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World's oldest giant panda dead at 38

IANS  |  Hong Kong 

The world's oldest giant panda in captivity, Jia Jia, has died at a theme park at the age of 38, the equivalent of 114 human years.

The female panda was euthanised on Sunday night, following rapid deterioration in her health over the past two weeks, said authorities of Ocean Park, the theme park that was home to Jia Jia, in a statement.

Her food consumption had drastically fallen over recent weeks, from 10 kg a day to under three, leading to a four kg weight loss, EFE news reported citing the statement.

"Over the past few days, she has been spending less time awake and showing no interest in food or fluids. Her condition became worse this morning (Sunday), Jia Jia was not able to walk," the statement further said.

Jia Jia, whose name meant "good", was a gift from the Chinese government to in 1999, on the occasion of the second anniversary of the former British colony's handover to the mainland.

The average life expectancy for pandas living in captivity is under 20 years, making Jia Jia's longevity unique among her species.

According to the World Wildlife Fund, the destruction of the natural habitat of the giant pandas in the wild has reduced their population to less than 2,000.

Their low birth rate also means breeding in captivity has become key to ensuring its survival.

While Jia Jia was in Hong Kong, she had six offspring, spread over five deliveries.

--IANS

ksk/vm

(This story has not been edited by Business Standard staff and is auto-generated from a syndicated feed.)

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World's oldest giant panda dead at 38

The world's oldest giant panda in captivity, Jia Jia, has died at a Hong Kong theme park at the age of 38, the equivalent of 114 human years.

The world's oldest giant panda in captivity, Jia Jia, has died at a theme park at the age of 38, the equivalent of 114 human years.

The female panda was euthanised on Sunday night, following rapid deterioration in her health over the past two weeks, said authorities of Ocean Park, the theme park that was home to Jia Jia, in a statement.

Her food consumption had drastically fallen over recent weeks, from 10 kg a day to under three, leading to a four kg weight loss, EFE news reported citing the statement.

"Over the past few days, she has been spending less time awake and showing no interest in food or fluids. Her condition became worse this morning (Sunday), Jia Jia was not able to walk," the statement further said.

Jia Jia, whose name meant "good", was a gift from the Chinese government to in 1999, on the occasion of the second anniversary of the former British colony's handover to the mainland.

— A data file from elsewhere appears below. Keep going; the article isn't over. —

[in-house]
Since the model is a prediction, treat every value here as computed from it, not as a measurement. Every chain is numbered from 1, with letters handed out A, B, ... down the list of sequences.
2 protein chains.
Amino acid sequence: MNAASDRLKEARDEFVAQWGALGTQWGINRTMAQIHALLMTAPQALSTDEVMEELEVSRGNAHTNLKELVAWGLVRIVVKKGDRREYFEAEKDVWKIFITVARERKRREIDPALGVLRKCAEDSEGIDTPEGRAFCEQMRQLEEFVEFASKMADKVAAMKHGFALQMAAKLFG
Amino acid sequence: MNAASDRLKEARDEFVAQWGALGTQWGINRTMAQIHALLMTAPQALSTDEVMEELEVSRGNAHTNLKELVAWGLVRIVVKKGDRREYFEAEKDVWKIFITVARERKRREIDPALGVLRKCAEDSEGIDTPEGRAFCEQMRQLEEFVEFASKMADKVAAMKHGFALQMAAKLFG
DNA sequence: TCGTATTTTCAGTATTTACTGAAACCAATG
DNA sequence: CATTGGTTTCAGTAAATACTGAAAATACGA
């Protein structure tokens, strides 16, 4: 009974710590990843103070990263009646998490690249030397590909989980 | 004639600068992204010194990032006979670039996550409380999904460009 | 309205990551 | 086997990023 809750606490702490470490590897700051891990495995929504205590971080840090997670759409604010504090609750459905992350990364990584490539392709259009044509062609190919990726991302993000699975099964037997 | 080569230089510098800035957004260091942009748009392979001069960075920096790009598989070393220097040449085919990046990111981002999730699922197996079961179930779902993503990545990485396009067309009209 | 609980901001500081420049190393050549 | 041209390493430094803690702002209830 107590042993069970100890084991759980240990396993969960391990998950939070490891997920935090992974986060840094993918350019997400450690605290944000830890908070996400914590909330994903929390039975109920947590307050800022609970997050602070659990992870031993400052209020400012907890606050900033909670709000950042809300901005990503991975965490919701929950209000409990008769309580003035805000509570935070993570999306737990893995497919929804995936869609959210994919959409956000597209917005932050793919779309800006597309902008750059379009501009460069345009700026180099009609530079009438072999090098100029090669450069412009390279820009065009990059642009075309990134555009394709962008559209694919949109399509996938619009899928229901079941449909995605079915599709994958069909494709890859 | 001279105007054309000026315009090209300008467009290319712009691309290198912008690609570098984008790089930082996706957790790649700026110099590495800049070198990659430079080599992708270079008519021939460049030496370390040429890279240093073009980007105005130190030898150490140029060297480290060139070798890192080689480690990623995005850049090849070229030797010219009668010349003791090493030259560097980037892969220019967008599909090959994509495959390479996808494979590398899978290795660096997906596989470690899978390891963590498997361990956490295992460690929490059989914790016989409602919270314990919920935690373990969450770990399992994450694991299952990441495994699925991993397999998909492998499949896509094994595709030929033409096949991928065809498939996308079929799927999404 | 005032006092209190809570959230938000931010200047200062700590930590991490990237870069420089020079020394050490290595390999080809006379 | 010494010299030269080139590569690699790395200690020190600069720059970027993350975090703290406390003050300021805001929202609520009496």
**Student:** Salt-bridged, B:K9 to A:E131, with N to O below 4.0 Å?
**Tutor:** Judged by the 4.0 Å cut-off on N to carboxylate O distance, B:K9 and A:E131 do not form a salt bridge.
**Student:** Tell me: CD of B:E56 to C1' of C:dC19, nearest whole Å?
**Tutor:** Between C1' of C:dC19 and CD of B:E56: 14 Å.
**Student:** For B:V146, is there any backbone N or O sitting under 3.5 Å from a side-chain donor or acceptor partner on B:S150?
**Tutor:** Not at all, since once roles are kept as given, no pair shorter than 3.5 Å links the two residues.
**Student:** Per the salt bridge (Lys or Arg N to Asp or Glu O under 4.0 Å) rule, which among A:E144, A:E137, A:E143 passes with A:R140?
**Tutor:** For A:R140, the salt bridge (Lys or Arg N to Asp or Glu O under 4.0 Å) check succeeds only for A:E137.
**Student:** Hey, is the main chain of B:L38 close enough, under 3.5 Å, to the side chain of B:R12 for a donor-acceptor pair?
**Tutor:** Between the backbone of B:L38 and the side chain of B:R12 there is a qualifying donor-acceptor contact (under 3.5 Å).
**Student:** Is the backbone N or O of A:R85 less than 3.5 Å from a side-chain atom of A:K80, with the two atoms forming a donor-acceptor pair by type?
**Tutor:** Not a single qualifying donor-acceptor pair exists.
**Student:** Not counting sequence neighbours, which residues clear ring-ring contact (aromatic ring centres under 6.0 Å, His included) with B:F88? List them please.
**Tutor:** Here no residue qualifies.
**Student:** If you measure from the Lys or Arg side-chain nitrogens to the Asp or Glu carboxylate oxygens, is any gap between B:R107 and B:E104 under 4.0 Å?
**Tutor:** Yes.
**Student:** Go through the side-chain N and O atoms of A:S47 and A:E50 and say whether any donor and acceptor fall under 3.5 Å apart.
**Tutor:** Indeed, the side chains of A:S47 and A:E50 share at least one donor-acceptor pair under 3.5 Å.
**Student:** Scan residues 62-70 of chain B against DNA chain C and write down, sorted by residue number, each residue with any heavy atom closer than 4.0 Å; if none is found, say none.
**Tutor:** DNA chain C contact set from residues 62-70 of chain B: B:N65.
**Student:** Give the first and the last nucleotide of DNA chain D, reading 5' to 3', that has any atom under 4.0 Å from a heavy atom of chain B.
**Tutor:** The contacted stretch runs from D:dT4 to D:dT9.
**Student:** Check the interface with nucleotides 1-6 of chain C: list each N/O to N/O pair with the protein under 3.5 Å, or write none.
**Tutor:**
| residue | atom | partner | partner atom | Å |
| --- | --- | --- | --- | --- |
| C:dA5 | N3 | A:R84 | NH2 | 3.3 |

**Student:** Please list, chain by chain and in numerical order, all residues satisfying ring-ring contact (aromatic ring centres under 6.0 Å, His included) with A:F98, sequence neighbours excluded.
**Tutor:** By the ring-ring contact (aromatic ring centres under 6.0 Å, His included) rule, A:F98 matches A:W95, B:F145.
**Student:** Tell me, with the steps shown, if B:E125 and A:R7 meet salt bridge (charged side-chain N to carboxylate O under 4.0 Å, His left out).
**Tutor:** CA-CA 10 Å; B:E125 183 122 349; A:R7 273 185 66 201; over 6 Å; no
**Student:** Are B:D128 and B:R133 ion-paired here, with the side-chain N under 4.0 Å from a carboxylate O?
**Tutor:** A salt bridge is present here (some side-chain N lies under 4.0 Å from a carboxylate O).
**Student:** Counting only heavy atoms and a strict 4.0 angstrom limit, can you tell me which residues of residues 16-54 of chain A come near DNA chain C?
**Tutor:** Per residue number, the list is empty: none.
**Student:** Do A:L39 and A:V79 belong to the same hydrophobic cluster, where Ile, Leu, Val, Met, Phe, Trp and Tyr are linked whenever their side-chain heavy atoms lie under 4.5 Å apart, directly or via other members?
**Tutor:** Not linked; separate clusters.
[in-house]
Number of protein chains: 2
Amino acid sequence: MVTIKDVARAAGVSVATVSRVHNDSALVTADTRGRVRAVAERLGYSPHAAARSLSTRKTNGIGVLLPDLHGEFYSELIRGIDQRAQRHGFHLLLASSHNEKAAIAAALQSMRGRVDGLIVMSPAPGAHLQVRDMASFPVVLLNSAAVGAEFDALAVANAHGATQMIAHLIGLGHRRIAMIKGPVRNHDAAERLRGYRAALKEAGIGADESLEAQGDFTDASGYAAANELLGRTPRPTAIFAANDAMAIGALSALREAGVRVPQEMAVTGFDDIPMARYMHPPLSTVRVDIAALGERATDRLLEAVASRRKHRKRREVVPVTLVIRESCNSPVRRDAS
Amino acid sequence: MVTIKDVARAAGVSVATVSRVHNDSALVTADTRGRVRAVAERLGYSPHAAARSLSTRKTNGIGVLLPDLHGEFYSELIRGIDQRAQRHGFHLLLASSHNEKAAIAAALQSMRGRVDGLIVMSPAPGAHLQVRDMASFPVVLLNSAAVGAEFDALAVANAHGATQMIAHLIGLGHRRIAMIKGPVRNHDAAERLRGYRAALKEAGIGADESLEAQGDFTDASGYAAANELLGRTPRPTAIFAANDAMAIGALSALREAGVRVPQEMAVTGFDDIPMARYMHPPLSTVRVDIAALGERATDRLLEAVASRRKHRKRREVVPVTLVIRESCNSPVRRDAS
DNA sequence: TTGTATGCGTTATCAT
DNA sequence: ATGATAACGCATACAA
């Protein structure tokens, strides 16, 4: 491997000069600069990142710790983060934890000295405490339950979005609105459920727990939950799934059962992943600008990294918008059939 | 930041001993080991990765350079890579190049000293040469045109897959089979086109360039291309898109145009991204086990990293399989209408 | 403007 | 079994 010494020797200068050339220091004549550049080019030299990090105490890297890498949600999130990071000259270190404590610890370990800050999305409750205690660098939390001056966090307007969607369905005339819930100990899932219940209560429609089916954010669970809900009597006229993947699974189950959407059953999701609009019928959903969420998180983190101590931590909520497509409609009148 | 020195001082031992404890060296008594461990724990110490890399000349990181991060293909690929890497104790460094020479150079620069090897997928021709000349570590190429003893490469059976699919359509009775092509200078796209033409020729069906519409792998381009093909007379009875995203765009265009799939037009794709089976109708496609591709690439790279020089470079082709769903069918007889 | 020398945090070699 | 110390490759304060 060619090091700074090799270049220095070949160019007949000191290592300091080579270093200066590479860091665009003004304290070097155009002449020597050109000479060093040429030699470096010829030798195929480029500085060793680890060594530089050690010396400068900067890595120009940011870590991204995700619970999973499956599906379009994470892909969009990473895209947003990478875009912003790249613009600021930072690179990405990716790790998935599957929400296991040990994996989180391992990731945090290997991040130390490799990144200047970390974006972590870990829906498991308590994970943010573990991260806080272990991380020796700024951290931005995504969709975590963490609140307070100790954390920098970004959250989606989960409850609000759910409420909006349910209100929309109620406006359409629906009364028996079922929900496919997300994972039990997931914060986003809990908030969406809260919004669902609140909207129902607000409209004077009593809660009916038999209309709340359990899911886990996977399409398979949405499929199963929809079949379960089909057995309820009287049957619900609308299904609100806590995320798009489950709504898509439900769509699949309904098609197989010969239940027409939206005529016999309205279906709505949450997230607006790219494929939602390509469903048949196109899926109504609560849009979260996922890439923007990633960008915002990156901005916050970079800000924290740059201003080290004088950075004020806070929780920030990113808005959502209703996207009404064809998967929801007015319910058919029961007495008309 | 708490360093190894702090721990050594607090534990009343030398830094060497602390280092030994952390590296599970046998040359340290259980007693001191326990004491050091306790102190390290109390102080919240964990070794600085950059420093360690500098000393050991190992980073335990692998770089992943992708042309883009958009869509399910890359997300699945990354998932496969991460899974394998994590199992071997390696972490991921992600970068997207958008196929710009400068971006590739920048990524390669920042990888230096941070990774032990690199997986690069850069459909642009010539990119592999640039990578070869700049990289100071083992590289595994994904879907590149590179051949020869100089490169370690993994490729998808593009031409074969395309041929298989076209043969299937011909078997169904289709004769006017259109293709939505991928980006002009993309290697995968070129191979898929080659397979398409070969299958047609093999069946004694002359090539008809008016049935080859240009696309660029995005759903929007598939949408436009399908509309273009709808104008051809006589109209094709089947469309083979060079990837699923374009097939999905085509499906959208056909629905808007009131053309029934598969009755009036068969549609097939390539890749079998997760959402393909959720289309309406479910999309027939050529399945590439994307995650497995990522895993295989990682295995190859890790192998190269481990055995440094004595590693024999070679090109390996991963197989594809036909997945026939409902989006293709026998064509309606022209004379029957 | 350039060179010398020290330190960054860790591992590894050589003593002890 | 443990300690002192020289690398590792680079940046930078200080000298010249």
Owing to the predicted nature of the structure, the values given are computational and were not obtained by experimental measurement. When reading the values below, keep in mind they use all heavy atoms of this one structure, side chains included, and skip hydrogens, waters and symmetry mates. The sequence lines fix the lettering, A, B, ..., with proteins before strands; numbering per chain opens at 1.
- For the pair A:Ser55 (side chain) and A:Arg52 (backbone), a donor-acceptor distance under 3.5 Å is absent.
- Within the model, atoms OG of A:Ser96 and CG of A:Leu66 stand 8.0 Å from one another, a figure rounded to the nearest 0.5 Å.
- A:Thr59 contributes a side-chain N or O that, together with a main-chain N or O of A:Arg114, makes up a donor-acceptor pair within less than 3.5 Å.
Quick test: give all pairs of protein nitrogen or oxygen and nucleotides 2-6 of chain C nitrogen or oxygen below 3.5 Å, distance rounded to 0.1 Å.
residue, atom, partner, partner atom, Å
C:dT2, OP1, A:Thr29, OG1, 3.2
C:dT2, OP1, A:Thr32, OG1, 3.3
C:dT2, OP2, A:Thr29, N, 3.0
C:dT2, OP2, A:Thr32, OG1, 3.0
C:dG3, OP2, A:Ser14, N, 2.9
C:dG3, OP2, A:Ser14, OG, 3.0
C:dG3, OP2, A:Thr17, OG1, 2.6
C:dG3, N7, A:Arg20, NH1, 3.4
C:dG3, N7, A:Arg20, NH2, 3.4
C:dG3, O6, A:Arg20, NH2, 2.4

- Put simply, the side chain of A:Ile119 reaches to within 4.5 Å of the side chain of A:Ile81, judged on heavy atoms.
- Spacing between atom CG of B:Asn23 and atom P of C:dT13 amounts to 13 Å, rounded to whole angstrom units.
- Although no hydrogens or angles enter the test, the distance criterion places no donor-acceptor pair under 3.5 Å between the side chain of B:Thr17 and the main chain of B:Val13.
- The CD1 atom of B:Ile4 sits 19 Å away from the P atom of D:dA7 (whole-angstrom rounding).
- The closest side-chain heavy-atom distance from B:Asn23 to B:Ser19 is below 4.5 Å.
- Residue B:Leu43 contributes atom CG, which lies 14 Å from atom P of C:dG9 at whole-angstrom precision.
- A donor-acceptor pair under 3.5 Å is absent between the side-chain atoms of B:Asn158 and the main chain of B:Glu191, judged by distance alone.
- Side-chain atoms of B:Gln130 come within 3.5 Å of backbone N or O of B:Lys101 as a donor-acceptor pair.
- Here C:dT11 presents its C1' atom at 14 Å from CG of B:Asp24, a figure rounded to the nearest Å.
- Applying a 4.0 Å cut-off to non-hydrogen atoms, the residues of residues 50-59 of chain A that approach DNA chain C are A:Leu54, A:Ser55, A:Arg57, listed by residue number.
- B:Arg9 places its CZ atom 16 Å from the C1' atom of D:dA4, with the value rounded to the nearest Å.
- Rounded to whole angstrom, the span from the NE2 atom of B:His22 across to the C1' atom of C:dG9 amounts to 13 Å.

The average life expectancy for pandas living in captivity is under 20 years, making Jia Jia's longevity unique among her species.

According to the World Wildlife Fund, the destruction of the natural habitat of the giant pandas in the wild has reduced their population to less than 2,000.

Their low birth rate also means breeding in captivity has become key to ensuring its survival.

While Jia Jia was in Hong Kong, she had six offspring, spread over five deliveries.

--IANS

ksk/vm

(This story has not been edited by Business Standard staff and is auto-generated from a syndicated feed.)

image
Business Standard
177 22

World's oldest giant panda dead at 38

The world's oldest giant panda in captivity, Jia Jia, has died at a theme park at the age of 38, the equivalent of 114 human years.

The female panda was euthanised on Sunday night, following rapid deterioration in her health over the past two weeks, said authorities of Ocean Park, the theme park that was home to Jia Jia, in a statement.

Her food consumption had drastically fallen over recent weeks, from 10 kg a day to under three, leading to a four kg weight loss, EFE news reported citing the statement.

"Over the past few days, she has been spending less time awake and showing no interest in food or fluids. Her condition became worse this morning (Sunday), Jia Jia was not able to walk," the statement further said.

Jia Jia, whose name meant "good", was a gift from the Chinese government to in 1999, on the occasion of the second anniversary of the former British colony's handover to the mainland.

The average life expectancy for pandas living in captivity is under 20 years, making Jia Jia's longevity unique among her species.

According to the World Wildlife Fund, the destruction of the natural habitat of the giant pandas in the wild has reduced their population to less than 2,000.

Their low birth rate also means breeding in captivity has become key to ensuring its survival.

While Jia Jia was in Hong Kong, she had six offspring, spread over five deliveries.

--IANS

ksk/vm

(This story has not been edited by Business Standard staff and is auto-generated from a syndicated feed.)

image
Business Standard
177 22

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